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Waking up in the morning: It's practically becoming an art

WHEN it comes to getting up in the morning, the human race seems to divide into two groups: Bright Eyes and Sluggards. The Bright Eyes hit their slippers on the run, singing three choruses of ''Oh, What a Beautiful Mornin'!'' Their problem isn't getting up but staying in bed until, as Homer used to say, rosy-fingered dawn starts another day. Only a concerted effort of the will keeps their eager heads on the pillow from 4:30 a.m. on. They dream of getting up, and it's the happiest dream they know.

The second crowd, on the other hand, rates getting out of bed just this side of capital punishment. The Sluggards have done reprehensible things in their lives - they admit it. But what have they done to deserve this? As their theme song they moan, rather than sing, the words of Irving Berlin: ''O how I hate to get up in the morning! O how I hate to get out of bed!''

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Berlin's Sluggard, it may be recalled, was an Army man who vowed someday to get the bugler - and he was going to get that other guy, ''the guy who wakes the bugler up.''

On the theory that waking up, even for the most reluctant Sluggards, can be made a little less traumatic, inventors have worked over the years to find gentler ushers into a new day than buglers and roosters - or, worst of all, a Bright Eyes roommate caroling, ''Rise and shine.''

In the beginning there was the old-fashioned alarm clock - the civilian equivalent of living in a firehouse. The shock treatment seemed to whack you across your feet while doing a paradiddle on your eardrums. Waking up then was a thoroughly rude business.

History's next refinement, the buzzing alarm - imperatively nasal to the point of a snarl - hardly improved the morning ritual of arousal-by-terror.

But then came the whispering alarm. For a brief moment the ear was nibbled rather than chewed. This alarm was your friend - maybe not your best friend, but not your worst enemy, either. The friendship was short-lived. Or, as the manufacturer put it, ''First it whispers, then it shouts.'' Still, here was a breakthrough of sorts. The alarm clock no longer stood on the bedside table as a torture instrument - a Puritan enforcer. A precedent for mercy was set - along with the alarm.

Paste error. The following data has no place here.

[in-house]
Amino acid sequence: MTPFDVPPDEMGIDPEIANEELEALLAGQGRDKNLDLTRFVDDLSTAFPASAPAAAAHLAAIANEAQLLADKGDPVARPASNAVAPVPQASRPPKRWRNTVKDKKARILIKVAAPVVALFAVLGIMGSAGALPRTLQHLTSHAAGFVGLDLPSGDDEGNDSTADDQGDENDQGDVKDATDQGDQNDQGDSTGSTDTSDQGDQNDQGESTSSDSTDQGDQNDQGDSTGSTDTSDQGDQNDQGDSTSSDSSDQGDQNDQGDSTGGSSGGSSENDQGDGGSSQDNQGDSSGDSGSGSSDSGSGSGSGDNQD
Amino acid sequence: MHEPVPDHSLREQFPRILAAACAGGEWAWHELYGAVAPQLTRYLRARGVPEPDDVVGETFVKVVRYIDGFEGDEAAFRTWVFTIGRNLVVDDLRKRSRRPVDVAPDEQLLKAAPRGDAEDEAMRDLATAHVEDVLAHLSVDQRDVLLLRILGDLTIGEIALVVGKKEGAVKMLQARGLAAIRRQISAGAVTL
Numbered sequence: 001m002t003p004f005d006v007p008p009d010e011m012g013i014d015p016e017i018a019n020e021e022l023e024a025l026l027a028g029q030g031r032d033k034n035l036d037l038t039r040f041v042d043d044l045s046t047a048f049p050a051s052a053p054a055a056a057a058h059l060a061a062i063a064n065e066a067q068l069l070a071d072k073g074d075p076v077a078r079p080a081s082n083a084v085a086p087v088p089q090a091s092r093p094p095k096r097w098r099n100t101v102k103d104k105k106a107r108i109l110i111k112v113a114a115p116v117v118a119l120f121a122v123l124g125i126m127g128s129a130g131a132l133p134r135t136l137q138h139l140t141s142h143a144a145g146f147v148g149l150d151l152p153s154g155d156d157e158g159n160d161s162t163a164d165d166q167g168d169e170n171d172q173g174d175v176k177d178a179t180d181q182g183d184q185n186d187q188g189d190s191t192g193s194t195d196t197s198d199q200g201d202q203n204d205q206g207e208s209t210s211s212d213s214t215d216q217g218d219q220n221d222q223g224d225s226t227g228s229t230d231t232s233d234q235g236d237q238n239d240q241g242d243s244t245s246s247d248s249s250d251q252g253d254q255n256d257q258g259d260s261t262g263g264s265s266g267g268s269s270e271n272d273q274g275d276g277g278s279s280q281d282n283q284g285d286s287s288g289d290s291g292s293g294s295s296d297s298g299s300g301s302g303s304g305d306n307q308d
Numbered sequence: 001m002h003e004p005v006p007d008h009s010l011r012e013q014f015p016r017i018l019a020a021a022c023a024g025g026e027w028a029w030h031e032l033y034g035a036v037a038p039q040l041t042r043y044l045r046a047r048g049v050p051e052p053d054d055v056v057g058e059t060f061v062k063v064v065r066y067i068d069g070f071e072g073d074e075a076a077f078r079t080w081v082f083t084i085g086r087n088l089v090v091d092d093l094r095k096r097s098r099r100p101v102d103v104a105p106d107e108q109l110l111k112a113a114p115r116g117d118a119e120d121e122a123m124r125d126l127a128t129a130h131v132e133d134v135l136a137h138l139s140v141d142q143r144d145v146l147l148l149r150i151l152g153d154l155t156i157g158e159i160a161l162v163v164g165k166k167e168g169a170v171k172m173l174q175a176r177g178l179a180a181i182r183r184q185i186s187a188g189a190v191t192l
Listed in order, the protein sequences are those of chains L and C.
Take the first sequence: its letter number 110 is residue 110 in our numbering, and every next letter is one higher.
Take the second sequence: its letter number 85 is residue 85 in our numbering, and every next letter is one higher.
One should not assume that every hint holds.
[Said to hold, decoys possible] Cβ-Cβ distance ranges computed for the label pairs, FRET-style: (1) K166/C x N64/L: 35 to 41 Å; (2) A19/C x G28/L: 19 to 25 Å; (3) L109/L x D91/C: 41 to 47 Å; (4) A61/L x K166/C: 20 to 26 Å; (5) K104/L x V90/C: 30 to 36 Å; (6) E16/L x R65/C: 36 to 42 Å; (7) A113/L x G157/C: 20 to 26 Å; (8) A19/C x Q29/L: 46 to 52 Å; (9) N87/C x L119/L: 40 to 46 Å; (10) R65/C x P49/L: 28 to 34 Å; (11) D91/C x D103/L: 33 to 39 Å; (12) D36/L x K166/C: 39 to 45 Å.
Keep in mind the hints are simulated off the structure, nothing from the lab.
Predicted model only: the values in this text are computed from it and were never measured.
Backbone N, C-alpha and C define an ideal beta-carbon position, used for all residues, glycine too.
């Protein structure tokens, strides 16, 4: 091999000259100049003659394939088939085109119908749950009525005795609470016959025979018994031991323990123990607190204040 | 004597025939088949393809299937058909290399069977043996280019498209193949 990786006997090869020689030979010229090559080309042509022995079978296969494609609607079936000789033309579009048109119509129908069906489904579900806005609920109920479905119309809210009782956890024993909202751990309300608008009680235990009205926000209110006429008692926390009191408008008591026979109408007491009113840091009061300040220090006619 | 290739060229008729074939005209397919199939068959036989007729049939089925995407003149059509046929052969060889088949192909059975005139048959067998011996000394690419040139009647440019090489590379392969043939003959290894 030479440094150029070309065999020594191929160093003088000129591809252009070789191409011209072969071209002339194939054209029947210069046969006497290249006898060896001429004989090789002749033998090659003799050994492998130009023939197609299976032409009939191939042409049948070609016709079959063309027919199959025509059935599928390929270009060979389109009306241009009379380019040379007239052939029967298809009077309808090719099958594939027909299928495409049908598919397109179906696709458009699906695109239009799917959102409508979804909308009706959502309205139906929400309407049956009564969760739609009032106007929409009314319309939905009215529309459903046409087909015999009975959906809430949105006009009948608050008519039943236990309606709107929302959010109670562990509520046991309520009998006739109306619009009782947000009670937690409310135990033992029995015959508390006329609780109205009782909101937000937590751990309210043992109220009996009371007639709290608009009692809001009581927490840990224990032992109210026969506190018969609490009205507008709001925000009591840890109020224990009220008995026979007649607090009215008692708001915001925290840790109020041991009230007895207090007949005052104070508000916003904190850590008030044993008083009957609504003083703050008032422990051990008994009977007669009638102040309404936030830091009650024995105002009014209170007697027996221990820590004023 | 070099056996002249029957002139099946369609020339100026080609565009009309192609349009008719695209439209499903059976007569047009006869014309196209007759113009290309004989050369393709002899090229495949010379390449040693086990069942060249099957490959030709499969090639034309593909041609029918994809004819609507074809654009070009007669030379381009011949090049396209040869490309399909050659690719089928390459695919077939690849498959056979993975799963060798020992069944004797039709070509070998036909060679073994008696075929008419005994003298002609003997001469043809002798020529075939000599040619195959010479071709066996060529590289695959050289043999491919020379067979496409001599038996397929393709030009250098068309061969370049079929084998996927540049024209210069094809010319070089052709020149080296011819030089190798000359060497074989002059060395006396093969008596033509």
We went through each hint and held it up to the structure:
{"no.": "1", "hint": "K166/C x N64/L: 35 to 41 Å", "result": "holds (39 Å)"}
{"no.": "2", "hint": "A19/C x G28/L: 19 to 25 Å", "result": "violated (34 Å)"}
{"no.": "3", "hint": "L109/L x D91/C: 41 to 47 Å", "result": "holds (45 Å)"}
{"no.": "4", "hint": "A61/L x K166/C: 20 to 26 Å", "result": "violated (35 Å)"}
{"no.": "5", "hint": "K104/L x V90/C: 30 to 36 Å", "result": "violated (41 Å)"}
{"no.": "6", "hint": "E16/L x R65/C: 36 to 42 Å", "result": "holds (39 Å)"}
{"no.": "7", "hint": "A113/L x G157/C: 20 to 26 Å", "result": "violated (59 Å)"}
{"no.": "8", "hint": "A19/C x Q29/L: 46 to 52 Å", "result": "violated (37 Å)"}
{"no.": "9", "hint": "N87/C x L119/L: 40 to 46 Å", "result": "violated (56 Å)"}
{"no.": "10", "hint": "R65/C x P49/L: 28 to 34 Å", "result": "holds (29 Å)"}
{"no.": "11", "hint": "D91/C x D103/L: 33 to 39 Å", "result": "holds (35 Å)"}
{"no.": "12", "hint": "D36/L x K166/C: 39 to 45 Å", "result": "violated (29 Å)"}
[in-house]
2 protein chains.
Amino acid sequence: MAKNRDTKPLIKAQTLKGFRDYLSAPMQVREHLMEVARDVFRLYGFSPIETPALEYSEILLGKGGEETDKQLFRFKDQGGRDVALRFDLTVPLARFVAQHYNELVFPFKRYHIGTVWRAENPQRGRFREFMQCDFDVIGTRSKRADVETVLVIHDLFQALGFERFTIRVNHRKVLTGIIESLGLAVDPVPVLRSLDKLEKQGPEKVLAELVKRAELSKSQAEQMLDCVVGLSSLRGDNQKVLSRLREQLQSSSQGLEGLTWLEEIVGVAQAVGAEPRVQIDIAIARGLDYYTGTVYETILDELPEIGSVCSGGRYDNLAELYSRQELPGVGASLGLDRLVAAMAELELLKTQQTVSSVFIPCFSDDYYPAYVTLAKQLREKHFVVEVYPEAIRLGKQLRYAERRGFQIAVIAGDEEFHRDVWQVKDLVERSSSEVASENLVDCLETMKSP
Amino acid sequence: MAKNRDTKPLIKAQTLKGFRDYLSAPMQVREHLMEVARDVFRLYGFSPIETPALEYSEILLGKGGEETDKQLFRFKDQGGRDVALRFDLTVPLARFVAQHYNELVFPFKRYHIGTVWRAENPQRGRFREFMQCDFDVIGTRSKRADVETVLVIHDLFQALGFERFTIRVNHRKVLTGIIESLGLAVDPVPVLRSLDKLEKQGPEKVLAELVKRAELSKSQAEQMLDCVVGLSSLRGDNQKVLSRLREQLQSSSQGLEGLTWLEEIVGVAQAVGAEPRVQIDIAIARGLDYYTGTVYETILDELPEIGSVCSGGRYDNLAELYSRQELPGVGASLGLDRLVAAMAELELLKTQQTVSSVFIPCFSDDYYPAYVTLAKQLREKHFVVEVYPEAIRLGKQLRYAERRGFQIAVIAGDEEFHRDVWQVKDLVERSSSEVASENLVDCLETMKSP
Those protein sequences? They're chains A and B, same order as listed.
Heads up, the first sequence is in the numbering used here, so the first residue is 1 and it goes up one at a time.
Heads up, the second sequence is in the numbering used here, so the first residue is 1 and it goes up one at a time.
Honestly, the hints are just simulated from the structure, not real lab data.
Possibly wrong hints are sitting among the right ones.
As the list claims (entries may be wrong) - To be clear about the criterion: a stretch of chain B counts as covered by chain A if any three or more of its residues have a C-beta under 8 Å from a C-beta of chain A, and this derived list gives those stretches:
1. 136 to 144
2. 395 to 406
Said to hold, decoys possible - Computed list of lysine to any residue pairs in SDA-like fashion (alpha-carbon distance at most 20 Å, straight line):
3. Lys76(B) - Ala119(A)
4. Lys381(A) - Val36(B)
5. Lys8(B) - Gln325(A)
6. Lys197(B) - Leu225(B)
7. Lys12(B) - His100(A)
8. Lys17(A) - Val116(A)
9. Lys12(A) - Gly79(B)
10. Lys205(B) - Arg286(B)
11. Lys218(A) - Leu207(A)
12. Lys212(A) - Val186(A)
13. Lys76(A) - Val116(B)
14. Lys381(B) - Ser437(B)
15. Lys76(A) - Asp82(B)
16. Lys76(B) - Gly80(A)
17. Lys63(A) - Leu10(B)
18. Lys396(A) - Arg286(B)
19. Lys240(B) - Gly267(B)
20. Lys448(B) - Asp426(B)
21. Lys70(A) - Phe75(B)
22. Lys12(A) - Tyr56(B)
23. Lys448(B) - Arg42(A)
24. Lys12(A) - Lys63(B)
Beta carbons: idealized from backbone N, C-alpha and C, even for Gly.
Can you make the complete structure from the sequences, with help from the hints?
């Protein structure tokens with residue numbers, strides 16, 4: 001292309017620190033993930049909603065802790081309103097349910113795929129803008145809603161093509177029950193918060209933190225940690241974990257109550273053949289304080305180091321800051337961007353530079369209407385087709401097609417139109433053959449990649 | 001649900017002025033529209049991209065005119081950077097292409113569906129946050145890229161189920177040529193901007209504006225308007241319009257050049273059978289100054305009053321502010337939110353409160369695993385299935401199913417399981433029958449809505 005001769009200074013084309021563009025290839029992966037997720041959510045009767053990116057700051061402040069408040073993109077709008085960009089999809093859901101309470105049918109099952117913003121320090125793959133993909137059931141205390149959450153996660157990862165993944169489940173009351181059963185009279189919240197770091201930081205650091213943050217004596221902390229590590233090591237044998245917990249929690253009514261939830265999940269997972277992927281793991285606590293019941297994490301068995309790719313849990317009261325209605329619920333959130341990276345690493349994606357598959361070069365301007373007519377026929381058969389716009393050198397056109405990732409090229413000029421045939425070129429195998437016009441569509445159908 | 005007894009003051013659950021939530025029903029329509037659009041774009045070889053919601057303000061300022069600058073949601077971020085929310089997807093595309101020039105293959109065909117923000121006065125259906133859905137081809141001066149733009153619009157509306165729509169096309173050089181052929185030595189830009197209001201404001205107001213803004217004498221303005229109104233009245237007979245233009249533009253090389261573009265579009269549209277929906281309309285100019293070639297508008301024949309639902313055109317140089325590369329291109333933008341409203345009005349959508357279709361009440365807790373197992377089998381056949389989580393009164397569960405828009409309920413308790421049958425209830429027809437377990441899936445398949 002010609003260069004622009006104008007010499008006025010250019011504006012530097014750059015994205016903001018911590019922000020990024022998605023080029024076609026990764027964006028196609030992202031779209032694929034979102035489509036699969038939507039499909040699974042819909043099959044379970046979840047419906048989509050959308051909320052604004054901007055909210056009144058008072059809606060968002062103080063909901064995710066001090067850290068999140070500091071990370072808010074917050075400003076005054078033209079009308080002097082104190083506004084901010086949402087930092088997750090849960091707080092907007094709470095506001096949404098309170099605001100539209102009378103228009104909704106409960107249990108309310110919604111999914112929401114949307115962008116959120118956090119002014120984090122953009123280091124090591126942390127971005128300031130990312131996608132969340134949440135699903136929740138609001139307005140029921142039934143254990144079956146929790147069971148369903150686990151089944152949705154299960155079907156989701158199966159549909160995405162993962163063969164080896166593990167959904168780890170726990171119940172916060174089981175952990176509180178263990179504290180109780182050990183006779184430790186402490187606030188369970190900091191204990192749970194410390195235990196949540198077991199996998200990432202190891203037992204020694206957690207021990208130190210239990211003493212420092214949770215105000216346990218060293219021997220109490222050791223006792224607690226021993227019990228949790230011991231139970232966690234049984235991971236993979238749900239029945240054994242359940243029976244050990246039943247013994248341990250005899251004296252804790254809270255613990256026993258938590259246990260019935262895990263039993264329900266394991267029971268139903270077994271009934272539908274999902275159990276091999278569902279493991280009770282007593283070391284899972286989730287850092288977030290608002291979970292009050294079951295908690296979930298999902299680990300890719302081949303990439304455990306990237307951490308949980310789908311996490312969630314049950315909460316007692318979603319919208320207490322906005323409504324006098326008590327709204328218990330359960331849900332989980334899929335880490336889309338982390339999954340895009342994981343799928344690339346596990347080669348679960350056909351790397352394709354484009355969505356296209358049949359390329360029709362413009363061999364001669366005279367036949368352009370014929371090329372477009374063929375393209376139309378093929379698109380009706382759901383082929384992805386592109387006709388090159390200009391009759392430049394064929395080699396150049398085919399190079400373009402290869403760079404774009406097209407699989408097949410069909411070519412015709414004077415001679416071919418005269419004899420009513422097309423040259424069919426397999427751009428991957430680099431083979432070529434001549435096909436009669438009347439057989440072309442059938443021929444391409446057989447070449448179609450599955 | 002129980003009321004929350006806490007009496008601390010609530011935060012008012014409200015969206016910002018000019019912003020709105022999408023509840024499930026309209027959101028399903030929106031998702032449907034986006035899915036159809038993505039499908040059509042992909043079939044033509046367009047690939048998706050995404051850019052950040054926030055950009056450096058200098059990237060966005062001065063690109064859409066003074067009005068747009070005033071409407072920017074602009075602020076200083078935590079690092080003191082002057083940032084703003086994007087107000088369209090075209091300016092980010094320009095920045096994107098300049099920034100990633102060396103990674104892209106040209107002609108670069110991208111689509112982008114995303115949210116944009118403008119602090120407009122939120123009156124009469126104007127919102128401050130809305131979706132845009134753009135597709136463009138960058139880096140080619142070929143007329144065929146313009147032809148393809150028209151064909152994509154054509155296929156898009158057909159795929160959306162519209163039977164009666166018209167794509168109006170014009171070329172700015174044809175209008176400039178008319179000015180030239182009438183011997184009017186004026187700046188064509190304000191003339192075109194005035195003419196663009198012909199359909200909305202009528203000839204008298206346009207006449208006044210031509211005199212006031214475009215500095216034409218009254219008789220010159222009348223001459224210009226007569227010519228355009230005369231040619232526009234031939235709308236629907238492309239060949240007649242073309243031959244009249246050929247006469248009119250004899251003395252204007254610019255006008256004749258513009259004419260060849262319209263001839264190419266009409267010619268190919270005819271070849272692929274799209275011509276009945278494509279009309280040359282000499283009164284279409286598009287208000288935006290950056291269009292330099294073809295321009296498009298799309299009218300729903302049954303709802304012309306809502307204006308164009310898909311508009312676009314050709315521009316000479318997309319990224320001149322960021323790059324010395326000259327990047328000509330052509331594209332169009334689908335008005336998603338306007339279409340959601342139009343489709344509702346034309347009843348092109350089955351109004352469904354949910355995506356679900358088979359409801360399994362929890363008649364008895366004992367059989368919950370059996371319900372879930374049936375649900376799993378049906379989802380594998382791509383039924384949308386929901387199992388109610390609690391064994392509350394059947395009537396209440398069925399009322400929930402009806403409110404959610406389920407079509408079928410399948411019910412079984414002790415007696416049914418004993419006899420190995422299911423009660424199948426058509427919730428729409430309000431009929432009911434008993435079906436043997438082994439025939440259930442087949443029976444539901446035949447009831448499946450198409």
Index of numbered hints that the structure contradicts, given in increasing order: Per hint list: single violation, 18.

Since then, alarm devices have turned to wheedling and coaxing. To accommodate the backsliders, the reveille industry has produced ''snooze'' and ''siesta'' alarms. Music has replaced the old ding-dong or abrasive buzz-z-z as the appropriate sound to detach a sleeper from sleep.

But waking up has continued to be a matter of noisemaking, if subtle noisemaking. Even a cat jumping on the sleeper's stomach tends to meow. Even a child staring down, two inches above the sleeper's face, is inclined to breathe heavily.

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Only now do we have an absolutely silent alarm, whose time has come. Patent 4,407,585, registered by James P. Kavoussi, a Brooklyn surgeon, and Louise D. Hartford, a New York transit system investigator, employs smell, not sound, to send a signal into the sleeper's distant kingdom.

At the appointed hour, the Kavoussi-Hartford alarm triggers the release of perfume from an atomizer. Rather than sliding down a fireman's pole, the Sluggard awakens in a bower of flowers. Nothing that happens to the Sluggard for the rest of the day may be half as civilized.

Do we have here a revolution in consciousness-raising? Maybe. But in the end , most of us dream of waking up under neither threats nor blandishments. We want to wake up because we want to wake up. Avoiding both the undiscriminating cheerfulness of the Bright Eyes and the evasive lethargy of the Sluggard, we hope to make waking up a choice - a yes that sets the tone for the day.

In her book ''The Gift of Dreams,'' Kathryn Lindskoog notes: ''The word waking comes to us from the Indo-European word for vigor and is very closely related to vigil, watch, and wait. . . . For what are we really watching and waiting and keeping guard? Life, I think, and more life.''

Even a Sluggard could rise and shine, believing that.

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